James Schamus - Writer





Producer and Writer. Nationality: American. Born: Detroit, Michigan, 7 September 1959. Family: Married Nancy Jean Kricorian; children: Nona Esther, Djuna Mariam. Education: University of California at Berkeley, A.B., 1982, M.A., 1984. Career: Assistant professor, Columbia University, 1991–97; associate professor, Columbia University, New York, from 1997; co-president, Good Machine, New York, from 1990. Awards: Brian Greenbaum award, 1994; Best Screenplay, Cannes Film Festival, for The Ice Storm , 1997. Address: Good Machine, 417 Canal Street, 4th Floor, New York, NY, 10013–1902, U.S.A.


Films as Producer:

1990

The Golden Boat (Ruiz)

1991

Ambition (Hartley); Thank You and Good Night (Oxenberg); Poison (Haynes) (exec)

1992

Tui shou ( Pushing Hands ) (Lee) (+ sc); Warrior: The Life of Leonard Peltier (Baer) (exec); Swoon (Kalin) (exec); In the Soup (Rockwell) (assoc); I Was on Mars (Levy) (line)

1993

Hsi yen ( The Wedding Banquet ) (Lee) (+ sc); Dottie Gets Spanked (Haynes—for TV) (coordinating)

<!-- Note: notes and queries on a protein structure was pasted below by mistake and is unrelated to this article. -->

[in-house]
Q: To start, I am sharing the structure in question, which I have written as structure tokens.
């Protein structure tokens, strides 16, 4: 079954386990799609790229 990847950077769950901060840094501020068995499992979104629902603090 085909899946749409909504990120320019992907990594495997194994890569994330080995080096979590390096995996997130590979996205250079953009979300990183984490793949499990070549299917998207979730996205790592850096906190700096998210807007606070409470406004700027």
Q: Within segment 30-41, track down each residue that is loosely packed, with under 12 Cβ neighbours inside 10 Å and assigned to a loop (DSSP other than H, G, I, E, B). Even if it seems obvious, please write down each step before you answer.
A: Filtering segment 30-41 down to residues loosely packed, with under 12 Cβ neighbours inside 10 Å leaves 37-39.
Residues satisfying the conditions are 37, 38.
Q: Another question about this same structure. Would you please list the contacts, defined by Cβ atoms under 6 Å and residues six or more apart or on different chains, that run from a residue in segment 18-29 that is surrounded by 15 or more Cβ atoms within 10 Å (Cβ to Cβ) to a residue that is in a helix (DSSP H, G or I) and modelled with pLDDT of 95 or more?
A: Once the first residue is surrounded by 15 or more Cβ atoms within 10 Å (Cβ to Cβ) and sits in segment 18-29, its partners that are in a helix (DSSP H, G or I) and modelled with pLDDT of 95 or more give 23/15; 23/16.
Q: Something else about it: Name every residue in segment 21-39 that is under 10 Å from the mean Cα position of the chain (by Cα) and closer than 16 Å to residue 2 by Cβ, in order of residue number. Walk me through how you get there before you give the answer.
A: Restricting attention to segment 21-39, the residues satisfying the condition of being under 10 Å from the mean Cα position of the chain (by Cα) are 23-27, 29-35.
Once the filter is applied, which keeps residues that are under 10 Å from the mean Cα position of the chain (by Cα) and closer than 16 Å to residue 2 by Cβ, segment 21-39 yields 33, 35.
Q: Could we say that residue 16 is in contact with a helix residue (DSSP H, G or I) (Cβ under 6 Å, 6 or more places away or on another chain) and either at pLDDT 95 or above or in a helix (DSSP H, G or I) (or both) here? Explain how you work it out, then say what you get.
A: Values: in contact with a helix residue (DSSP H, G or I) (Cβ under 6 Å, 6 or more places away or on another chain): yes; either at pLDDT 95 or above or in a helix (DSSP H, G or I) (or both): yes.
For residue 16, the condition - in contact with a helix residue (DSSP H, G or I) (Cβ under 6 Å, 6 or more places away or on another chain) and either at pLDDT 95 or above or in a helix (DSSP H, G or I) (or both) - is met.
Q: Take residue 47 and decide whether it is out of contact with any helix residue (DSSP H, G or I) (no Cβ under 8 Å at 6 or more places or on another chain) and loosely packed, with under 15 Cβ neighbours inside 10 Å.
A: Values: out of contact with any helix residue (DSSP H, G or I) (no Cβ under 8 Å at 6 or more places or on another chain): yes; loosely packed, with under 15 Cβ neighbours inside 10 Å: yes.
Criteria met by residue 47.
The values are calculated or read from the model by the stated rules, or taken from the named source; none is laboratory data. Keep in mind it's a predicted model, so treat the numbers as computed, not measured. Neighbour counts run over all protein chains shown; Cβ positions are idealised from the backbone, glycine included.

1994

Roy Cohn/Jack Smith (Godmilow); Yin shi nan nu ( Eat Drink Man Woman ) (Lee) (assoc + sc); What Happened Was. . . (Noonan) (exec)

1995

Sense and Sensibility (Lee) (co-pr); The Brothers McMullen (Burns) (exec); Safe (Haynes) (exec)

1996

She's the One (Burns); Walking and Talking (Holofcener)

1997

Arresting Gena (Weyer) (exec); Love God (Grow) (exec); The Myth of Fingerprints (Freundlich) (exec); Office Killer (Sherman) (exec); The Ice Storm (Lee) (+ sc)

1998

Happiness (Solondz) (exec)

1999

The Lifestyle (Schisgall) (exec); Lola and Bilidikid ( Lola and Billy the Kid ) (Ataman) (exec); Ride with the Devil (Lee) (+ sc)

2000

Crouching Tiger, Hidden Dragon (Lee) (exec + sc)



Films as Writer:

2000

X-Men (Singer) [uncredited]



Publications


On SCHAMUS: articles—

Magnegard, C., "Hip-Mogulen," in Chaplin (Stockholm), vol. 34, no. 3, 1992.

Alexander, M., "Above the Line," in Variety (New York), vol. 354, no. 4, 28 February 1994.


* * *


As an associate professor of film at Columbia University, James Schamus has taught everything from film theory, to the films of Carl Theodor Dreyer, to popular genres like film noir and the Western. The diversity of his interests in the world of cinema is equally apparent in the work he has done within the industry. Although Schamus has become a leading figure in the world of independent film, he has also worked steadfastly to bring such independent film to a larger audience, often working with major studios and distributors to get small, and at times markedly experimental independents to as many screens as possible. And as both a producer and a writer, Schamus has helped to prove the commercial and popular viability of independent film.